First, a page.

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Seagate CEO William D. Watkins  (Source: Seagate)
Seagate's Bill Watkins doesn't see the appeal of SSDs for mobile applications

Solid-state drives (SSDs) are the holy grail of computer storage. The drives promise fast, sustained data transfer speeds, low access times, lower weight and less heat output (for mobile applications). The main downside to the technology is the extremely high price of entry.

The high prices of today's mainstream 64GB SSDs hasn't stopped companies like Dell, Apple and Lenovo from offering the drives on their laptops. Dell has offered SSDs since April 2007 and Apple's MacBook Air can be equipped with a $999 64GB SSD option. Lenovo's ThinkPad X300 and the upcoming Dell Latitude E4200 are SSD-only machines.

With SSD prices expected to drop 40% to 50% per year, the interest in the drives for other computing platforms is sure to increase.

Seagate, a company firmly entrenched in traditional hard disk drive (HDD) storage, unsurprisingly is not impressed with SSDs. "Realistically, I just don’t see the flash notebook sell," said Seagate CEO Bill Watkins. "We just don’t see the proposition."

It's understandable that Watkins would want to protect his company's investment in mobile HDDs, but it shouldn't be too difficult to appreciate the advantages on mobile platforms.

Watkins is known for making somewhat outlandish statements. In late 2006, he stated that, "Let's face it, we're not changing the world. We're building a product that helps people buy more crap - and watch porn."

Watkins, however, has a response for SSD manufacturers should sales take off:  lawsuits. According to Fortune, Watkins is convinced that SSD manufacturers are infringing upon Seagate and Western Digital patents dealing with how storage devices communicate within a computer -- it's just a matter when the lawsuits will pop up, Gibson style.

With Intel throwing its massive weight behind SSDs, the future does indeed look bright for the storage medium. With SSDs finding their way into low-cost machines like the ASUS Eee PC on up to high-priced offerings from Apple, consumers hopefully will have more affordable SSD choices as the technology matures.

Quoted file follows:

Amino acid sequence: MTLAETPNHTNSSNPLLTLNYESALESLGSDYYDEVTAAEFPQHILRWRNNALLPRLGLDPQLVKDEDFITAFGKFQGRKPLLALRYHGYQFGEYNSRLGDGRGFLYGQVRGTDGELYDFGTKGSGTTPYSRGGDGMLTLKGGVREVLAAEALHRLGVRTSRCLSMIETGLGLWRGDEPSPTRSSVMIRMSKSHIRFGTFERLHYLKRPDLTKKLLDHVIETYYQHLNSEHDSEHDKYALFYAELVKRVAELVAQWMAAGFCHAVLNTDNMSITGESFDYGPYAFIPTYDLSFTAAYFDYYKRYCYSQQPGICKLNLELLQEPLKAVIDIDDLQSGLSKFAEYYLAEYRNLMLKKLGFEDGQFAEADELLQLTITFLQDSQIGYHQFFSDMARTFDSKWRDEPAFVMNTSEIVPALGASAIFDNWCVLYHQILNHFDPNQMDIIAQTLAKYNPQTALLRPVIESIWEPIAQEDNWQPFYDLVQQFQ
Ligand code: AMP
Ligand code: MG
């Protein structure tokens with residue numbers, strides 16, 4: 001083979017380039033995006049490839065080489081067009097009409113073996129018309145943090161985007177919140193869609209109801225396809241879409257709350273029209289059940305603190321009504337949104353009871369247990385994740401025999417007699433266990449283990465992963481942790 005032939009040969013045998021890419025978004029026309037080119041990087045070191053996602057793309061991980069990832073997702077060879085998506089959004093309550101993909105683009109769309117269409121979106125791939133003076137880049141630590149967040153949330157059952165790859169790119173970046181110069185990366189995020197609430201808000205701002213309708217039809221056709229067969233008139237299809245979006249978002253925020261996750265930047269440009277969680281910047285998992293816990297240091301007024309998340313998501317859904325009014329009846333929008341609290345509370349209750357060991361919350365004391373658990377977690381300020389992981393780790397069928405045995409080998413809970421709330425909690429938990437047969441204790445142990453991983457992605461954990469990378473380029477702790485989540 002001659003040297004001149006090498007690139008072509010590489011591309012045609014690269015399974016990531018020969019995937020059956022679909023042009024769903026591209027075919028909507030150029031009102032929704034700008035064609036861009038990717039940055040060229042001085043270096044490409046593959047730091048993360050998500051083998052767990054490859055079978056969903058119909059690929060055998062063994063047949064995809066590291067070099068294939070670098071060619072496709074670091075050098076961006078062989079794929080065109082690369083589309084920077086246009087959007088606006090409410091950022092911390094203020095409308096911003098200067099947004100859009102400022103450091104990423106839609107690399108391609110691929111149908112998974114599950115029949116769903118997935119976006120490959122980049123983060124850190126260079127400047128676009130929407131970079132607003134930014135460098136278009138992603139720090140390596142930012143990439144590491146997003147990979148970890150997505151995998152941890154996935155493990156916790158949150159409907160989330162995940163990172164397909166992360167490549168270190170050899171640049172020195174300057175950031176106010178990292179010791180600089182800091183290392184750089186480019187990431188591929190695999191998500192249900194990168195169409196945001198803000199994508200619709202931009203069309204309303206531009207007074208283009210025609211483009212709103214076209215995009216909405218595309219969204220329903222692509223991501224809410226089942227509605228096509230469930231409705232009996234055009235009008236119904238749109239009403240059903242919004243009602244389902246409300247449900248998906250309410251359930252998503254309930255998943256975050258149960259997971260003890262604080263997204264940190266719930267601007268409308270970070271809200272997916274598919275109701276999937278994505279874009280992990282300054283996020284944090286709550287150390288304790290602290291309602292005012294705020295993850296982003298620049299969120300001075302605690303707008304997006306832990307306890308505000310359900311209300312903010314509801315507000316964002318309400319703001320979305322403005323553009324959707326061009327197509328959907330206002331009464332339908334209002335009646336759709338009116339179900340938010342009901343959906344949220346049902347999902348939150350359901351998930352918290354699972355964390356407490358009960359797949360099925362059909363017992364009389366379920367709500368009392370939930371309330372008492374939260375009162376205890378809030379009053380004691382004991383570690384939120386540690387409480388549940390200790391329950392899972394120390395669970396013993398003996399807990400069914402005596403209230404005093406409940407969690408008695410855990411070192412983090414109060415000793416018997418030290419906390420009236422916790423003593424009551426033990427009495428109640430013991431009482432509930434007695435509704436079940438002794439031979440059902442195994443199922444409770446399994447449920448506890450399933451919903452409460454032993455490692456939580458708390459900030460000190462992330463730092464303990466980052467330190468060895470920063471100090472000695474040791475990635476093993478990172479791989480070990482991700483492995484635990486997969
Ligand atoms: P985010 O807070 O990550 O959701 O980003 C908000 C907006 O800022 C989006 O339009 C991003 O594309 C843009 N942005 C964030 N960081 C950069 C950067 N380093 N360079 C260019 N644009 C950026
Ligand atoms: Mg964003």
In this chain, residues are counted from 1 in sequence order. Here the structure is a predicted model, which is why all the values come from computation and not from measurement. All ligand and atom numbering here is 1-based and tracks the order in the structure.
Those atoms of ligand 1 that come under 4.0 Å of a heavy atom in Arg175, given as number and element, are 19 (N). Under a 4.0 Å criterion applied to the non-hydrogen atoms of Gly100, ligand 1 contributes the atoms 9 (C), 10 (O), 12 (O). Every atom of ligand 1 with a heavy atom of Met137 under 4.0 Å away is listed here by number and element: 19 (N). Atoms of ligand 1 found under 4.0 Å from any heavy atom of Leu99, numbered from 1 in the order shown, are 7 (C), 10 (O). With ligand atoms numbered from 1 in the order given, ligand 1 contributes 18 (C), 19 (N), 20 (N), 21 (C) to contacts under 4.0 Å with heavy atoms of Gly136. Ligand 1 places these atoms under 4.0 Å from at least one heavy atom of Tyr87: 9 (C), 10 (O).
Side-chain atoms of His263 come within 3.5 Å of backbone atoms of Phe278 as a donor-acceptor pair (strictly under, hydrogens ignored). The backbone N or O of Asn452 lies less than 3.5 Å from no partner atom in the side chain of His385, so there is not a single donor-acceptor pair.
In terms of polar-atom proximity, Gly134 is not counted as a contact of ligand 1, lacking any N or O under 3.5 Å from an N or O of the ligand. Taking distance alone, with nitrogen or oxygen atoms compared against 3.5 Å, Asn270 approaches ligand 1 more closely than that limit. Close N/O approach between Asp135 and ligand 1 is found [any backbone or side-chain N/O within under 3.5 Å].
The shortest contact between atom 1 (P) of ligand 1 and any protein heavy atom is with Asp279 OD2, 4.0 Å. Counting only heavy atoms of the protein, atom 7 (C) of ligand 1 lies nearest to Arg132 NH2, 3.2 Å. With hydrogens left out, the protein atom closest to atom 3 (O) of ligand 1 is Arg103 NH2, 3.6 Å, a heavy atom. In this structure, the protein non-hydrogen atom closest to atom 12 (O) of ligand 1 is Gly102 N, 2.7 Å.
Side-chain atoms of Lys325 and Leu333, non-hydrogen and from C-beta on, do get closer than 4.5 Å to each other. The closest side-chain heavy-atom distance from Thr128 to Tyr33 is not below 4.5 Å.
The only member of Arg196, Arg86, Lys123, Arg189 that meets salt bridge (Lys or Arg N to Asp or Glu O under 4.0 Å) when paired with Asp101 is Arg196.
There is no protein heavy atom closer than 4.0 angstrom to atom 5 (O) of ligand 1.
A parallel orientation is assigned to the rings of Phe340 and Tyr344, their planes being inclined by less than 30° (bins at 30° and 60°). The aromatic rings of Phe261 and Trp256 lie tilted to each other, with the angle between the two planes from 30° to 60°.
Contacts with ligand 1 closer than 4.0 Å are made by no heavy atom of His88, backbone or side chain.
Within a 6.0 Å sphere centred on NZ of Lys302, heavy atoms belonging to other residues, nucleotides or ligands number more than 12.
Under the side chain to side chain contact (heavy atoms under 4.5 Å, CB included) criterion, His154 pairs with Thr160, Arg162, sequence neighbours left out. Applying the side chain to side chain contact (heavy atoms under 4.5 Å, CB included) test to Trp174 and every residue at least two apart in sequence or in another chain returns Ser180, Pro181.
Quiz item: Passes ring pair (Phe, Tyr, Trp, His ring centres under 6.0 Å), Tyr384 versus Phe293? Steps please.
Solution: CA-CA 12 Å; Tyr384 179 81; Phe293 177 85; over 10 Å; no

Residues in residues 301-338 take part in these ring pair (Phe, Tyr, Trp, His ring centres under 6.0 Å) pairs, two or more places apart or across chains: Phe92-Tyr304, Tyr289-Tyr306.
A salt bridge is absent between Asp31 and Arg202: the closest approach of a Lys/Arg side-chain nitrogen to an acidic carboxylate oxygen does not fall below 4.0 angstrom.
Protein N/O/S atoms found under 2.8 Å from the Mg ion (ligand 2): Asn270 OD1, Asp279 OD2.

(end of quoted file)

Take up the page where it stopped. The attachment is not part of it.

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By FITCamaro on 3/24/2008 2:57:26 PM , Rating: 4
At least he's honest. And I agree with him right now. They're too expensive for not enough gain.

RE: Well
By Runiteshark on 3/24/2008 3:03:07 PM , Rating: 5
Exactly, I like this guy. He is a no nonsense no bullshit kind of guy.

And he is even honest.

Wish we had more CEOs like that.

RE: Well
By Gul Westfale on 3/24/2008 3:15:53 PM , Rating: 4
true but a forward-looking person would tell you tha in a few years SSD manufacturing costs will have decreased to the point where traditional hard drives would become obsolete. the same happened with CPUs, CMOS/CCD sensors, flash RAM, and pretty much any other silicon-transistor based tech- manufacturing improves, prices drop.

so i think he is really just pretending not to like SSDs because his company doesn't offer them, or he wants to send a message to SSD manufacturers- share your tech with us and we won't sue you.

RE: Well
By Master Kenobi on 3/24/2008 3:24:24 PM , Rating: 4
Flash based SSD's aren't the future due to inherent problems in Flash. I expect another type of SSD to hit the market to replace it.

RE: Well
By marsbound2024 on 3/24/2008 3:44:57 PM , Rating: 3
Yeah see below comment, posted a link:

Your very own DailyTech articles. :)

RE: Well
By winterspan on 3/24/2008 7:01:26 PM , Rating: 2
Oh really? Is that why they've been standard fair in commercial and military data storage applications for years?
If you are talking about the write wear-down problem, you need to do more research because it has recently become much less of an issue than in the past, at least according to manufacturers public statements. I believe your very own Dailytech had an article including a statement from one of the primary flash manufacturers that their SLC drives would last some 10-15 years with regular use.

As I see it, the bottom line is that fast, reliable, and soon to be more affordable flash technology is already here and ready for the market. No matter whether one of the many experimental storage technologies overtakes flash in 5 years or so, I do expect by Q1-Q2 2009, that most upper-mainstream laptops will feature an SSD drive at least as an BTO option, and probably as a standard feature.

RE: Well
By Master Kenobi on 3/25/2008 8:59:11 AM , Rating: 3
Flash is not Fast. Write speed is terrible even on the most high end flash chips. I will stick with hard disks until SSD's based on different tech come out that can give me good write speeds.

RE: Well
By glennpratt on 3/25/2008 9:50:44 AM , Rating: 2
There are SSD's out today that are slightly faster than Raptors in write performance and trounce them in read performance. Then their is the whole seek time thing.

They are pricey, but they aren't much more then the 15k Seagate's in our arrays, and I would kill to have read performance graph like that (our servers, like most, read much more then write).

RE: Well
By TomZ on 3/24/2008 3:30:07 PM , Rating: 3
Agreed that flash prices will fall, but for the forseeable future, magnetic storage will continue to cost just a fraction of flash storage, according to industry forecasts.

Remember - both HDD and flash costs are falling - it's not like flash is the only storage medium that is getting cheaper. That makes both technologies continue to be viable based on their respective strengths - HDDs will continue to dominate in terms of storage capacity/density and lower cost/GB, whereas flash will dominate in speed and power savings. There is plenty of room in the storage market for both.

RE: Well
By ineedaname on 3/25/2008 4:55:01 AM , Rating: 3